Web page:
Colombia has dawned this Tuesday with the ghosts of the low intensity war that the country has lived through for half a century. Two policemen and a man apparently carrying a load of explosives died at dawn at the airport in Cúcuta, a Colombian city on the border with Venezuela. The sequence of events is still unclear, but the first hypotheses suggest that an attacker, who the Government has branded a terrorist, was carrying the explosives at the time of the detonation. The man died instantly. Two police officers who were experts in deactivating devices came to check what had happened and were hit by a new explosion.
“The terrorist attack with explosives at the Camilo Daza airport in Cúcuta claimed the lives of two heroes of our @PoliceColombia: William Bareño and David Reyes, when they deactivated a second charge in the vicinity of the runway. To their families all solidarity, “wrote President Iván Duque on Twitter, thus revealing the identity of the policemen. The agents had recently been decorated for carrying out demining tasks in Norte de Santander and the Catatumbo region, places where guerrillas, paramilitaries and the Colombian army have historically fought.
The loose ends are still many. At the time of the attack, a flight to Panama was about to take off. Homes around the airport have been affected by the detonations. The governor of the area, Silvano Guerrero, explained that two people accessed the terminal with explosives. In the flight, it is assumed that after the first explosion, they left behind the cargo, hidden in a suitcase, which was later found by the two policemen.
It is not the first attack recorded by Cúcuta this year. In June, a car bomb crashed into a military canton. 34 soldiers and two civilians were injured. Ten days later, in the midst of the country’s crisis due to the protests against the Government, the helicopter in which President Duque was traveling received a rifle burst. The event was always shrouded in mystery. The FARC dissidents, which did not join the peace process in 2016 and are still hidden in the mountains, subsisting on drug trafficking and other illegal activities, claimed responsibility for these attacks. For now they have not commented on this Tuesday.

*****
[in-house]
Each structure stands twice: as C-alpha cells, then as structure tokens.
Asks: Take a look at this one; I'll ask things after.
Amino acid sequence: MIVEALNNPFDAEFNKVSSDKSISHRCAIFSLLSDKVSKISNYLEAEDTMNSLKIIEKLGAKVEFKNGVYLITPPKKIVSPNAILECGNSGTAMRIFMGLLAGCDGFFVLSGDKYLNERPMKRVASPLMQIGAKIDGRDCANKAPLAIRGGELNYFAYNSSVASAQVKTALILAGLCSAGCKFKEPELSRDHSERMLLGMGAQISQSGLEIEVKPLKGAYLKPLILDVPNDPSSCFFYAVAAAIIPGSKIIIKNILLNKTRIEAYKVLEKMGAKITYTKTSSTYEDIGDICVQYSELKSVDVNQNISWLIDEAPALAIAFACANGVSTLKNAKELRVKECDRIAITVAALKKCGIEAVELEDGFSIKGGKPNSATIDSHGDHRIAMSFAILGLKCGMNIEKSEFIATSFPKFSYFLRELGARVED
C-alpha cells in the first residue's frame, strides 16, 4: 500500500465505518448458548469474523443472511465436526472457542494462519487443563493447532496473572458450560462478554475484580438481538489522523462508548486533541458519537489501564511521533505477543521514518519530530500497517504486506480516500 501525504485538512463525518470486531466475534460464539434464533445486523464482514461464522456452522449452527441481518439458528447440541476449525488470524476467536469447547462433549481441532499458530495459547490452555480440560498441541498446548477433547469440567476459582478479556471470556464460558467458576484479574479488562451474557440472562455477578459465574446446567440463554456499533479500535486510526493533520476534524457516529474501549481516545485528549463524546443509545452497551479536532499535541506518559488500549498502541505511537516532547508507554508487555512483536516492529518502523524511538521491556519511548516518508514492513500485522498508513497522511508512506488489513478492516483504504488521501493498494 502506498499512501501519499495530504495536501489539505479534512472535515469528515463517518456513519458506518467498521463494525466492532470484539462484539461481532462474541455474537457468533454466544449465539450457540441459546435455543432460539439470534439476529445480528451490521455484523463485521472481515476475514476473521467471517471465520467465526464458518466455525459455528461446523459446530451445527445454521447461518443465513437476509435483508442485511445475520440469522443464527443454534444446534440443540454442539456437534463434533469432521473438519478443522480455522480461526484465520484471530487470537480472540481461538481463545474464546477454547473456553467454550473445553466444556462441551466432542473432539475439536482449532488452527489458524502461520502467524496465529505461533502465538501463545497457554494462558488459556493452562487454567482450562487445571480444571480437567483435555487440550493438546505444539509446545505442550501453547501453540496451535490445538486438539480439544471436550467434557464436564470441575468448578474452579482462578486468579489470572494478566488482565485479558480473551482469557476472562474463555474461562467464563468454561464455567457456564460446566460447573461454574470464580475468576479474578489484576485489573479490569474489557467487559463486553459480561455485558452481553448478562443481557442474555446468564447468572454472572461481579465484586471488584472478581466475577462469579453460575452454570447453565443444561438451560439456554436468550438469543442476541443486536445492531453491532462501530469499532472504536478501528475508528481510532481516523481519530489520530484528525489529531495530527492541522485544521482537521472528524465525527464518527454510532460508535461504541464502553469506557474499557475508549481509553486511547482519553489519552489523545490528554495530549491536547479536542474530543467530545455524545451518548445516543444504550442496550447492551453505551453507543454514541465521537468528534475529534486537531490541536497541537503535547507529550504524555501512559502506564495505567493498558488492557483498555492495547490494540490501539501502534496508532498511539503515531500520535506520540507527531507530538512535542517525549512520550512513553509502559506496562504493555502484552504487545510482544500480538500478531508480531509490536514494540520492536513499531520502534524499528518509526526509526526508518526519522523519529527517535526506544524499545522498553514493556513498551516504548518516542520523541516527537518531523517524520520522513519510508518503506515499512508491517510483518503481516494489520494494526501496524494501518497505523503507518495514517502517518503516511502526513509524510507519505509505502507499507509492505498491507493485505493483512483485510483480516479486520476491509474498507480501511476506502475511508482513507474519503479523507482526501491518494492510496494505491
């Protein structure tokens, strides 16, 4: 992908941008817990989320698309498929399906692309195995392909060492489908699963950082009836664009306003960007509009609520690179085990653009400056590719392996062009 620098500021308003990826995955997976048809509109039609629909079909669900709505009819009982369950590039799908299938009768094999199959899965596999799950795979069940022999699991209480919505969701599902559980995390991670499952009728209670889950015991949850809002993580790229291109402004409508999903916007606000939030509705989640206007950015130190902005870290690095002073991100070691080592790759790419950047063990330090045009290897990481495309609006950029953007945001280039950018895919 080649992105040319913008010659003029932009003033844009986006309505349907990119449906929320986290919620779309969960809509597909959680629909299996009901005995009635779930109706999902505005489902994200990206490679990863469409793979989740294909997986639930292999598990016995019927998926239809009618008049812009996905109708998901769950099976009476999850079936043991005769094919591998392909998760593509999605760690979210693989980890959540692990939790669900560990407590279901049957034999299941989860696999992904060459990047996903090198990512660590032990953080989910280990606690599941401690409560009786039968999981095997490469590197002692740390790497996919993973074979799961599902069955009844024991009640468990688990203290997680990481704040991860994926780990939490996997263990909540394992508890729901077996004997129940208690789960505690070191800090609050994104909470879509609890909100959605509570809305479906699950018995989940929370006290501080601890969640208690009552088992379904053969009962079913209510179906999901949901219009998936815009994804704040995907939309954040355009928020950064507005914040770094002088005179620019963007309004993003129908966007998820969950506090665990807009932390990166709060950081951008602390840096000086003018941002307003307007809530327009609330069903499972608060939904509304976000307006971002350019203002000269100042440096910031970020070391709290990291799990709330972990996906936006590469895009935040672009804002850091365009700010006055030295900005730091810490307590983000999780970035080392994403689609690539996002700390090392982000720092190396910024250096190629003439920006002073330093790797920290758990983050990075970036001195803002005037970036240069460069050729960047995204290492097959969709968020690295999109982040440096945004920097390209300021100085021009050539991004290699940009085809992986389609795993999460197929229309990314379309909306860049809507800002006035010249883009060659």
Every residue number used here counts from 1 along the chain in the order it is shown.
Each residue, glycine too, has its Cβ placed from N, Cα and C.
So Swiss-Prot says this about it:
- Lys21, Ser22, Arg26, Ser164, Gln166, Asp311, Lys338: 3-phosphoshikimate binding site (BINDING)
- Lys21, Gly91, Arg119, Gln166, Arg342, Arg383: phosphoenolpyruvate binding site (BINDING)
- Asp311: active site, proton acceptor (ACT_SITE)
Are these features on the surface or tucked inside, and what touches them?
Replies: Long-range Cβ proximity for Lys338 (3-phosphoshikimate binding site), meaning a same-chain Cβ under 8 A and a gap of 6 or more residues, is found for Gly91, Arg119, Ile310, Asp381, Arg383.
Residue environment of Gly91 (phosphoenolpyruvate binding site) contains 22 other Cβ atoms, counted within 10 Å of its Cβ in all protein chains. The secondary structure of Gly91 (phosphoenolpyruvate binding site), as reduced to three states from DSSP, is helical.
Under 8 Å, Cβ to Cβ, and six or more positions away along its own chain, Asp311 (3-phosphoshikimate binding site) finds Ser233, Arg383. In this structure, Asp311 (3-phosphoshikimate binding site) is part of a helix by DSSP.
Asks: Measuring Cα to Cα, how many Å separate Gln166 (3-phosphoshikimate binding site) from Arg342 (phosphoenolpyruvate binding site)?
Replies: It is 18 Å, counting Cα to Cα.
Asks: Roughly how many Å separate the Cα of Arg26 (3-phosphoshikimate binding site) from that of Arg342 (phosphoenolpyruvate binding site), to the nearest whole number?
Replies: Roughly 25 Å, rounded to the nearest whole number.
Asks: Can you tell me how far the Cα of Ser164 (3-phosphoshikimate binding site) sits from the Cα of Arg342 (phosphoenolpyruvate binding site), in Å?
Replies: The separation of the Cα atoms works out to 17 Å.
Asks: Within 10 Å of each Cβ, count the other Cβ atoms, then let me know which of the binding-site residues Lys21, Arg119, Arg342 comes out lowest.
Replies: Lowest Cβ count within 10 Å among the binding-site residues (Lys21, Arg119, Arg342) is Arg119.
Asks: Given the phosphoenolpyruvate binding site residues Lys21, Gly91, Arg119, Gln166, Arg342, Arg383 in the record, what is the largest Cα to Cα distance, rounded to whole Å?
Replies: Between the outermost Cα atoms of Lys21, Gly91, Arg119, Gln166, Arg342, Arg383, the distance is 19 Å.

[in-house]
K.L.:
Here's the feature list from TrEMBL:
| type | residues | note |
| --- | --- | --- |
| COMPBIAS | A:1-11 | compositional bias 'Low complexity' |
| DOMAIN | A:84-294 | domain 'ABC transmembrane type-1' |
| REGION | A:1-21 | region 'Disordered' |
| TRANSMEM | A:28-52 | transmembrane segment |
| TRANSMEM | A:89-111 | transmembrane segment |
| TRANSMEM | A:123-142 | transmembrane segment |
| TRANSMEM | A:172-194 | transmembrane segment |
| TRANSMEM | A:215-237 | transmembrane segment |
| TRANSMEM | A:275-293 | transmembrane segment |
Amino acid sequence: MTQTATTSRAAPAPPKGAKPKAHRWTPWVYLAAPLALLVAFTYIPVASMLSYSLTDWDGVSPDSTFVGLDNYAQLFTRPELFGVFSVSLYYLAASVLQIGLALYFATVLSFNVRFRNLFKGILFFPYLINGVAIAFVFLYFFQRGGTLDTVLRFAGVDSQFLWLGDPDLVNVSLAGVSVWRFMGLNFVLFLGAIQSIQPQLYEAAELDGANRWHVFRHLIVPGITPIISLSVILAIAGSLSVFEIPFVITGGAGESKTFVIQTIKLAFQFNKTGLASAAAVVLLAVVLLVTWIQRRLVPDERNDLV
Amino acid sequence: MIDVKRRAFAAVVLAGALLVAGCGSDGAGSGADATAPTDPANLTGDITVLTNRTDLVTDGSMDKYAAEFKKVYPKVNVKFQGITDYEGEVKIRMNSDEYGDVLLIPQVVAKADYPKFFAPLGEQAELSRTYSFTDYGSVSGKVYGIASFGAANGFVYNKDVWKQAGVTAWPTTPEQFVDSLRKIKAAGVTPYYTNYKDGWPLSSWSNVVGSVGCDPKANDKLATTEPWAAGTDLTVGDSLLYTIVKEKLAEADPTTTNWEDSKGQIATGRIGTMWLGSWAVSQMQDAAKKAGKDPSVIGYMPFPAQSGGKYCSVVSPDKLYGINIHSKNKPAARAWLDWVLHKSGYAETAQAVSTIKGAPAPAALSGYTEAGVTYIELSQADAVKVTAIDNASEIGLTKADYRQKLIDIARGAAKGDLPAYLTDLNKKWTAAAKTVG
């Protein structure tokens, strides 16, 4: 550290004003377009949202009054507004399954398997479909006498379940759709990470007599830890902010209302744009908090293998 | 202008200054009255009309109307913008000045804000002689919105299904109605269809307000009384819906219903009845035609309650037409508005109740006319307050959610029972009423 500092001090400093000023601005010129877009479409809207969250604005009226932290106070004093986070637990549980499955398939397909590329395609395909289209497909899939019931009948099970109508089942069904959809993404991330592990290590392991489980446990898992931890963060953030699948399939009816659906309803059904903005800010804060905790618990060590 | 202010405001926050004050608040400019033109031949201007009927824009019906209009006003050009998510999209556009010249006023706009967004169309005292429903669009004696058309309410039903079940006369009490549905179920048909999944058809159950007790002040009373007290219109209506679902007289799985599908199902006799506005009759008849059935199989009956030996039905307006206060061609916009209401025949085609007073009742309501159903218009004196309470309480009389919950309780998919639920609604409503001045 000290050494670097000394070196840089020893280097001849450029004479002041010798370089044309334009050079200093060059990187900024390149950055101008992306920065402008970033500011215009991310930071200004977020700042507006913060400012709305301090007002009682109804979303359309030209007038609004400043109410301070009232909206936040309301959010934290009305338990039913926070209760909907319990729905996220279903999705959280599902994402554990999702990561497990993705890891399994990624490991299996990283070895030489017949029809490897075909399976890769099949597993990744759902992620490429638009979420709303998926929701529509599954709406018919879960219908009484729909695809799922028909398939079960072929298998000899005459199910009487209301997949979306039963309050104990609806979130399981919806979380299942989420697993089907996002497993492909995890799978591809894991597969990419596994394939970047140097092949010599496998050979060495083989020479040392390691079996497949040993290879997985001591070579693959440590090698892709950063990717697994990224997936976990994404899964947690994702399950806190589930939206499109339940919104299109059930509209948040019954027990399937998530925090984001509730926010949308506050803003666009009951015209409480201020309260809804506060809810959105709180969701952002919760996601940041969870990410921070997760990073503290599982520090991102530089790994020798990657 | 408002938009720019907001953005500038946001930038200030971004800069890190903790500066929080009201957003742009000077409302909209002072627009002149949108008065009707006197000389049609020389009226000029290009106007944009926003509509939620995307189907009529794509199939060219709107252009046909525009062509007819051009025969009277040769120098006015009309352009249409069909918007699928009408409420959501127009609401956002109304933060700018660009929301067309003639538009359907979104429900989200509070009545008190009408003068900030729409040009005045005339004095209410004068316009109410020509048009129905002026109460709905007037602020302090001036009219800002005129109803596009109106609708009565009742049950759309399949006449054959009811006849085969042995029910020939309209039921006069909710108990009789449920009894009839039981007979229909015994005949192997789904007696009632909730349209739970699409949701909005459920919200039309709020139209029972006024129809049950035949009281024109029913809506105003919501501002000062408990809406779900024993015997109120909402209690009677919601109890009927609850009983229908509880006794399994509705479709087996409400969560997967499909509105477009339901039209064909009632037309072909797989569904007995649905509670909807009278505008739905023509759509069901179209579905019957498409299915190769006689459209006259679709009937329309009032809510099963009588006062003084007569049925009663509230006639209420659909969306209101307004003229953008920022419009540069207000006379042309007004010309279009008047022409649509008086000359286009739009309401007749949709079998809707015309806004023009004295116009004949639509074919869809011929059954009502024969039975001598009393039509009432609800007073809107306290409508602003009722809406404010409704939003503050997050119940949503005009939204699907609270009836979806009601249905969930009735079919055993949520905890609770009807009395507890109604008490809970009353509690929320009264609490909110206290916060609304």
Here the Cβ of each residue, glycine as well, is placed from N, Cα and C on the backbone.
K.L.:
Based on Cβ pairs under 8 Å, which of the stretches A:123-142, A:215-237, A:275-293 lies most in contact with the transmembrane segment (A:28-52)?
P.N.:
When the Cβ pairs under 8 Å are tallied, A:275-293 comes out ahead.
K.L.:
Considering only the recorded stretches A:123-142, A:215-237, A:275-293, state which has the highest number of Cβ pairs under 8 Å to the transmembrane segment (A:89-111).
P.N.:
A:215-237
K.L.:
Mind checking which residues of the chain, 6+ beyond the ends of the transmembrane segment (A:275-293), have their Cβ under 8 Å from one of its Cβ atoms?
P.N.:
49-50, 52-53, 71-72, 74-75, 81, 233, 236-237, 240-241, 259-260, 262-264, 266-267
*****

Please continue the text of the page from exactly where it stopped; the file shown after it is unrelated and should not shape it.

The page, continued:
Cúcuta is the capital of Norte de Santander, on the porous border of more than 2,200 kilometers with Venezuela. It is one of the departments hardest hit by the armed conflict that Colombia has been seeking to leave behind for more than four years, when it sealed the agreements with the FARC, now disarmed and turned into a political party. It is also the department with the most coca leaf crops in the country, concentrated in the Catatumbo region, where an archipelago of illegal armed groups still operate, including the National Liberation Army (ELN), the last active guerrilla. President Duque had the intention of negotiating with the ELN, but the armed group claimed responsibility for a car bomb against a school of police cadets in Bogotá that left 20 dead. That annihilated any possibility of dialogue.
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George Holan is chief editor at Plainsmen Post and has articles published in many notable publications in the last decade.